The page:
Red Tape Slows Pothole Repairs
As New York City struggles with the 56% spike in pothole complaints since 2006, a new study from Public Advocate Bill de Blasio shows needless bureaucracy is costing taxpayers money and slowing down repairs.
The first in a series of Red Tape Reports, the Public Advocate’s analysis finds that repair requests are being dropped when shuffled between different City agencies, requiring residents to make a second call to 311 and necessitating a costly re-inspection before repairs can be made.
The report recommends streamlining the process to more effectively manage the City’s 100,000 annual pothole complaints.
Existing procedures forward a 311 pothole complaint to the Department of Transportation, which dispatches an inspector.
However, if the DOT inspector finds the damage is a ‘sinkhole’ rather than a ‘pothole,’ the case is often dropped without resolution.
Only if the constituent calls 311 again to check on the repair status is he or she told the case was dropped because sinkholes are handled by a different agency, the Department of Environmental Protection.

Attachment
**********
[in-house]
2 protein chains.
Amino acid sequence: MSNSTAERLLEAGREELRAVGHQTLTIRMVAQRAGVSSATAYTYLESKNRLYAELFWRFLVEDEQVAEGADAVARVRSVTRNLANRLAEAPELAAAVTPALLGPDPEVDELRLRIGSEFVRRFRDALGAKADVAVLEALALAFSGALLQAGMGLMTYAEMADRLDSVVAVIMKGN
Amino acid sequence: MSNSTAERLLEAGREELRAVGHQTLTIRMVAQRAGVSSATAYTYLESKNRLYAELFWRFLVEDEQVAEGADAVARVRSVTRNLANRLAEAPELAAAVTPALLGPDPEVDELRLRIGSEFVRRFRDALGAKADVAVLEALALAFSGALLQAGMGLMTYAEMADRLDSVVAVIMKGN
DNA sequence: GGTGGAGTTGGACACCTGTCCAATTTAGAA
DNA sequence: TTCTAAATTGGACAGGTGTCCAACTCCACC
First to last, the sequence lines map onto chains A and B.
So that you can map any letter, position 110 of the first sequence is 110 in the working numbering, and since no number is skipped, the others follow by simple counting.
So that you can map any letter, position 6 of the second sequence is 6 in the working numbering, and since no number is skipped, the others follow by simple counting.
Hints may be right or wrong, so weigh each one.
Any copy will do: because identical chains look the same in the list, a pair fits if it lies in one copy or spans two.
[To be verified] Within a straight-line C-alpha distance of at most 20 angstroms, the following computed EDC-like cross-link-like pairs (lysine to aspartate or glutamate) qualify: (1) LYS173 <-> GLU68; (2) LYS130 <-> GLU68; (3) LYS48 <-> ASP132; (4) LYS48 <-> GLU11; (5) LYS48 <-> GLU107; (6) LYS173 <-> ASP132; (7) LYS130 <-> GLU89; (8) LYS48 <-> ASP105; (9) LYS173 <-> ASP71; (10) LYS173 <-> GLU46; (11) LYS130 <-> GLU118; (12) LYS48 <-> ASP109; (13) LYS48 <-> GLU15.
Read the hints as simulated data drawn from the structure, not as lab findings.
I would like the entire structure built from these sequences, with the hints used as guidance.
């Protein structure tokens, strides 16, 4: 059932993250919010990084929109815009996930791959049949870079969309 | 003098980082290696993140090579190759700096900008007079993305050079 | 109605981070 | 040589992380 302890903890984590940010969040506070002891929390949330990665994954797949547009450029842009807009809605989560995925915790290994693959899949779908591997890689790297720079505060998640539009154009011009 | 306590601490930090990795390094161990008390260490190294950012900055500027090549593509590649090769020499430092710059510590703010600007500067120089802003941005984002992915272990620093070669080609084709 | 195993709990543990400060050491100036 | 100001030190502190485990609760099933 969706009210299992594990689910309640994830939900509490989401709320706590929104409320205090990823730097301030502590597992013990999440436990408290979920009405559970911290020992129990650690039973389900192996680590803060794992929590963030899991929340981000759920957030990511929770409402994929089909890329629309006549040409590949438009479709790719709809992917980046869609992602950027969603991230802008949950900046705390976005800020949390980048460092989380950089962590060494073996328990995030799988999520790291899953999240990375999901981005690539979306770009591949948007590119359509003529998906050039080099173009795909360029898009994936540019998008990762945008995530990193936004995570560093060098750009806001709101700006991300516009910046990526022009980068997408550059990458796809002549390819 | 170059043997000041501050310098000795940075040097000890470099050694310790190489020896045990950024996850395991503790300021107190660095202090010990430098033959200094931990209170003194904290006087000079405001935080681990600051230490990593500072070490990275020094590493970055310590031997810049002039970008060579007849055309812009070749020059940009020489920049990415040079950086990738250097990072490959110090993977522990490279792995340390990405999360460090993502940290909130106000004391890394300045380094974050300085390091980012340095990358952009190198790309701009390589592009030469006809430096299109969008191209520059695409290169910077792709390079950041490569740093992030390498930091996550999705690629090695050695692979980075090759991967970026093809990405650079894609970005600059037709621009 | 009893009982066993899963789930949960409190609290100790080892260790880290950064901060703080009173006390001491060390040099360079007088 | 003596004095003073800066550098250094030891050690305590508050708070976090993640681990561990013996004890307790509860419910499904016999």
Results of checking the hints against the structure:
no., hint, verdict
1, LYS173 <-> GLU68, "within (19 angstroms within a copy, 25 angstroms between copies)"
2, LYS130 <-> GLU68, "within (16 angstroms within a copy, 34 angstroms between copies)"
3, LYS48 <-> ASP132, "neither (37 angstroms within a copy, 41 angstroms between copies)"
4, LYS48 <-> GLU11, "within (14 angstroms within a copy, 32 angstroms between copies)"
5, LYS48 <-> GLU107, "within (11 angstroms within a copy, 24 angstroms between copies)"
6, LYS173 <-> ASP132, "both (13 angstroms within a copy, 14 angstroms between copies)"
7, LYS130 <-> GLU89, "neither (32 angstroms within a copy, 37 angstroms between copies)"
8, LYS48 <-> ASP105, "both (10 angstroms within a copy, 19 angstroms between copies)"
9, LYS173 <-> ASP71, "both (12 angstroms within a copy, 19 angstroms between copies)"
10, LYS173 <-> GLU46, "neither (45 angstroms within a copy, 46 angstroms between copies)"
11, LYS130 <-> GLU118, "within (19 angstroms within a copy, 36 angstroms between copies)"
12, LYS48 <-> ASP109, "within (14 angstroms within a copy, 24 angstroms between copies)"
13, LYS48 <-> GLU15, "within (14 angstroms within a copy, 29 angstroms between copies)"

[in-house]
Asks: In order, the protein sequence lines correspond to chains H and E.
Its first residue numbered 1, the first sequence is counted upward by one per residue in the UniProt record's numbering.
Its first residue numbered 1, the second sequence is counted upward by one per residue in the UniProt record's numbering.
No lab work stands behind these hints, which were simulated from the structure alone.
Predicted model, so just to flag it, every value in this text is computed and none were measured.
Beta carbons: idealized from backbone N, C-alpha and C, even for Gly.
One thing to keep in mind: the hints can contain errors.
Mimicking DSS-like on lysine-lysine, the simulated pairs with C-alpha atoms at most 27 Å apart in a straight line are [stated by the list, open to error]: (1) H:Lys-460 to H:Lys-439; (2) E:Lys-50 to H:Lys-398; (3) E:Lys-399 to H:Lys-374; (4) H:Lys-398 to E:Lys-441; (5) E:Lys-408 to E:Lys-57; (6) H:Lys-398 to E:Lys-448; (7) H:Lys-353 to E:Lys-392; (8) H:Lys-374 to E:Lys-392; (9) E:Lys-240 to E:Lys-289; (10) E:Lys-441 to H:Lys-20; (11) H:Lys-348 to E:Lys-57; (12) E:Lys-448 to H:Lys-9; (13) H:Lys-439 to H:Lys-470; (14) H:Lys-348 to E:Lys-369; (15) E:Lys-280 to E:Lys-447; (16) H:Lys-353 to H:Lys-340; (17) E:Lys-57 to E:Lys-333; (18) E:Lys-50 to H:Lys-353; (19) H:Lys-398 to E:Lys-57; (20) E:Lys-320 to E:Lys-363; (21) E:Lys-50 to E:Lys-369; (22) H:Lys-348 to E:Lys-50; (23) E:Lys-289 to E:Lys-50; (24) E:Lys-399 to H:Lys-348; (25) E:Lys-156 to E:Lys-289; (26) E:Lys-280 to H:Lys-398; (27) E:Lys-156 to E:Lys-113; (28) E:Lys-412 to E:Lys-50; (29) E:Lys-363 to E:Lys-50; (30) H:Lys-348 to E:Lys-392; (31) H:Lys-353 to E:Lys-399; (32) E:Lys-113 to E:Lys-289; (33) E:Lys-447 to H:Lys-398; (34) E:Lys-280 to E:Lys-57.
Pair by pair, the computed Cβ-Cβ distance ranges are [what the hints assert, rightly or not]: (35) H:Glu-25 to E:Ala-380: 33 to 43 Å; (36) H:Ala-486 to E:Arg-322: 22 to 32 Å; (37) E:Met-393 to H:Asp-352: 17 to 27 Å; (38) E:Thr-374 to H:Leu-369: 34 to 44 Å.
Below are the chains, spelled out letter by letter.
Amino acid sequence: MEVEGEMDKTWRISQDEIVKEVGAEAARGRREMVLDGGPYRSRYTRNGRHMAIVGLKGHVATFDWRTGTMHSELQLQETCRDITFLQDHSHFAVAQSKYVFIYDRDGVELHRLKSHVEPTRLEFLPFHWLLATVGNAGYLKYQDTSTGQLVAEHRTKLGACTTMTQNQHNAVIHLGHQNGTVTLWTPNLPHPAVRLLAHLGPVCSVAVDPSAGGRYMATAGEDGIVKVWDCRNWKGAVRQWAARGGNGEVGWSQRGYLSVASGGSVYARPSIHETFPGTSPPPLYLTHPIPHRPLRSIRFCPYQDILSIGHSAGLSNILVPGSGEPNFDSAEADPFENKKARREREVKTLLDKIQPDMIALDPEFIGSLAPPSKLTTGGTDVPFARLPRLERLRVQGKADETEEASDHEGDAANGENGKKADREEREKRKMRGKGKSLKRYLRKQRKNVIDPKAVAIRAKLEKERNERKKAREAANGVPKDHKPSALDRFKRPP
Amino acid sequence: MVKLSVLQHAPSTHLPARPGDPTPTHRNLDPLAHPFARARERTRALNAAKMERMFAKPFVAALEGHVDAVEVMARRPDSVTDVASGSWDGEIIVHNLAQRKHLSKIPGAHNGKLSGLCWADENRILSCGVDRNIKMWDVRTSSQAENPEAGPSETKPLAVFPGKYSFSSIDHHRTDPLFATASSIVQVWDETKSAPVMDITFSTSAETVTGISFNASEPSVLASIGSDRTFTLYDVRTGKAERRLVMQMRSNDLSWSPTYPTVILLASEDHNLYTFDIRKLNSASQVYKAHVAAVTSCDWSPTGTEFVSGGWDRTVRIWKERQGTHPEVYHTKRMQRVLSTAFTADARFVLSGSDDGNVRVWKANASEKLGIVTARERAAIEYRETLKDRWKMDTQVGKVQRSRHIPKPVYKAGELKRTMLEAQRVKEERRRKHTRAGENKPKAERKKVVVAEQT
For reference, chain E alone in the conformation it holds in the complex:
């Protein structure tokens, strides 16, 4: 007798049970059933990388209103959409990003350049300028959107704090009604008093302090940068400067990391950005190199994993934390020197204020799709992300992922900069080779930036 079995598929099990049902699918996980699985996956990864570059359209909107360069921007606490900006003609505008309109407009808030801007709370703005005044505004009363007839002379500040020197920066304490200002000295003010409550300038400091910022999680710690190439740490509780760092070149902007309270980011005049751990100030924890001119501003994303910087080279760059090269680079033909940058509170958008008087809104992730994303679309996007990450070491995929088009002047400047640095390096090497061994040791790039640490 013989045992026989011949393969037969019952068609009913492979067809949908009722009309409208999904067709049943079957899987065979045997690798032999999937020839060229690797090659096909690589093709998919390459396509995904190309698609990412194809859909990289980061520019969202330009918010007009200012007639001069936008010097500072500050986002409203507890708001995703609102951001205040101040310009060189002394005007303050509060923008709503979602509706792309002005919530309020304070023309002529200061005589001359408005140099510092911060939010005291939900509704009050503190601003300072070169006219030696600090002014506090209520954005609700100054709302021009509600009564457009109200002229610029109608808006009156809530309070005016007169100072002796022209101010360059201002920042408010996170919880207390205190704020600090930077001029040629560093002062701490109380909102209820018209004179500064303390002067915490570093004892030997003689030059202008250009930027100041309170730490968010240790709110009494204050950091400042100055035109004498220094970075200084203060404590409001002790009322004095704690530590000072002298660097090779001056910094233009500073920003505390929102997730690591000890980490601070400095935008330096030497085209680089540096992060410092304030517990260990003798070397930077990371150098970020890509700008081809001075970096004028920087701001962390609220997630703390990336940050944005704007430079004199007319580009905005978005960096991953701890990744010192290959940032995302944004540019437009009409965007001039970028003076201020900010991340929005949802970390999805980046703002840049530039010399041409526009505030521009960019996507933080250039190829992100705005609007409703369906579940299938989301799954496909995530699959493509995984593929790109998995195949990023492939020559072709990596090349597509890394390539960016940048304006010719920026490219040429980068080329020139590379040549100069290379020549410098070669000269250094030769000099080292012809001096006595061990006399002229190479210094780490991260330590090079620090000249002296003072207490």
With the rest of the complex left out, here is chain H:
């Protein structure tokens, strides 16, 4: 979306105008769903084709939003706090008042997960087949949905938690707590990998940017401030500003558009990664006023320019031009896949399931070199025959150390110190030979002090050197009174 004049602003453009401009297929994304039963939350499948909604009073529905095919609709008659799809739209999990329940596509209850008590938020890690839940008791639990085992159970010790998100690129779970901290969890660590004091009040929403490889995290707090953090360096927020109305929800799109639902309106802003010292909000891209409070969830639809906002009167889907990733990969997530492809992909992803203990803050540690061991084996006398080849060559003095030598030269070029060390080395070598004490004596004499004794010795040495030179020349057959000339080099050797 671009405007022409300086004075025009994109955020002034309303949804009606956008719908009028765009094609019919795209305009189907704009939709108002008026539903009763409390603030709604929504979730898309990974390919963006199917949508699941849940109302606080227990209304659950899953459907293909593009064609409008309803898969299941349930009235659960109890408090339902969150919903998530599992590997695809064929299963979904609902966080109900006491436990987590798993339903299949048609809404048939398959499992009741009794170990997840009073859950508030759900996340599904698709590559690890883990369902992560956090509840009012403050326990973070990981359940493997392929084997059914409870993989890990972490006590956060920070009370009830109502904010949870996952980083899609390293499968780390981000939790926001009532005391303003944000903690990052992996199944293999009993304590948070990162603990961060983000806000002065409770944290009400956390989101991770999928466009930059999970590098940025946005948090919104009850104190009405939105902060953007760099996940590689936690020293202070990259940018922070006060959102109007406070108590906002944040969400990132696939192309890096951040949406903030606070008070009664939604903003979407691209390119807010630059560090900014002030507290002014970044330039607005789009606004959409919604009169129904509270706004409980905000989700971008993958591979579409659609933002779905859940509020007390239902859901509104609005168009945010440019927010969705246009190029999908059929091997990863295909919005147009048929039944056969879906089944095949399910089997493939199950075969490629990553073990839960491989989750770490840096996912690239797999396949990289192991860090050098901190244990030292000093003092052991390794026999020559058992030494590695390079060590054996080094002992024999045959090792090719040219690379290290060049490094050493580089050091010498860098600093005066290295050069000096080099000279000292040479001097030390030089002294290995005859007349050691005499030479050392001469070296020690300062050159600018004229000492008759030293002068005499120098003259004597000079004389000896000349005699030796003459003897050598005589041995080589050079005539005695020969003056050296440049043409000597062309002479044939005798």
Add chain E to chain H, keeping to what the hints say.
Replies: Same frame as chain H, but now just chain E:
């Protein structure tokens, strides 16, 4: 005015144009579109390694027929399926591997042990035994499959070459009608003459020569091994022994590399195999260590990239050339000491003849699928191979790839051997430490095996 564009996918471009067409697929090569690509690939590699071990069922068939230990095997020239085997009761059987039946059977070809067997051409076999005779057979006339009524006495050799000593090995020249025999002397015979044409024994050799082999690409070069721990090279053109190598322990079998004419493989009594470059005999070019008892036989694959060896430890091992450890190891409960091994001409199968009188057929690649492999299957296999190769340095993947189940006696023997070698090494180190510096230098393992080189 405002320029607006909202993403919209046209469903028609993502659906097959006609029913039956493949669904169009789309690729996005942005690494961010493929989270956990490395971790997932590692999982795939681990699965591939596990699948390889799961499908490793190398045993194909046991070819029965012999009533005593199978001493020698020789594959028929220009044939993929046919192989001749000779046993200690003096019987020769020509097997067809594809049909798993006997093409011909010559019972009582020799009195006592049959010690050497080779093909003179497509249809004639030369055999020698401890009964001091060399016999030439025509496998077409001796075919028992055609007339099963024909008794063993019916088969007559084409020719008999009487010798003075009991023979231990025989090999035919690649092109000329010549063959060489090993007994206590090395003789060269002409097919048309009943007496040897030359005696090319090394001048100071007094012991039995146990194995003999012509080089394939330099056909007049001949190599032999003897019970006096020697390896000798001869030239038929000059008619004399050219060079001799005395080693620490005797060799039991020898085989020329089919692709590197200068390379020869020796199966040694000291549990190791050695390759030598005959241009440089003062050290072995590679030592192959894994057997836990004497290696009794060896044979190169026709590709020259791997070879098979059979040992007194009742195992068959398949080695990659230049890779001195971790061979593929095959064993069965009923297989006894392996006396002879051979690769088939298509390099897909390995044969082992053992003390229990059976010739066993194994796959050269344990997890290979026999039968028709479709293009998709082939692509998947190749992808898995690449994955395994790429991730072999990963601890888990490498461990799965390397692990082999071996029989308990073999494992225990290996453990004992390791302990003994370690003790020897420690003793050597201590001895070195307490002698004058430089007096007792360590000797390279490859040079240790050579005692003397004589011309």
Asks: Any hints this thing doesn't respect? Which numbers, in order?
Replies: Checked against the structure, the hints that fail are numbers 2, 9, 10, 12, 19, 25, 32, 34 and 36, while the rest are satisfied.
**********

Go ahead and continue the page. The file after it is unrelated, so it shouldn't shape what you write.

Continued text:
The caller must then open a second case so that 311 can refer the problem to DEP, which performs a redundant second inspection before finally making the repair.
The bureaucratic shuffle can add weeks to the repair process and magnify the safety risk of unfixed potholes.
“This is a classic example of one hand of government not working with the other,” said de Blasio. “This bureaucracy is wasting taxpayer dollars. Agencies should forward these requests and inspection reports automatically and immediately respond to each other to get repairs made as quickly as possible.”
The public advocate recommends automatically forwarding a 311 complaint and an inspection report to the proper department any time an agency finds a street repair outside its jurisdiction.
The simple change would simplify the reporting process, save the City money, improve the speed of repairs and reduce the safety risk of unfilled potholes.
Read the Red Tape Report here: www.advocate.nyc.gov/redtape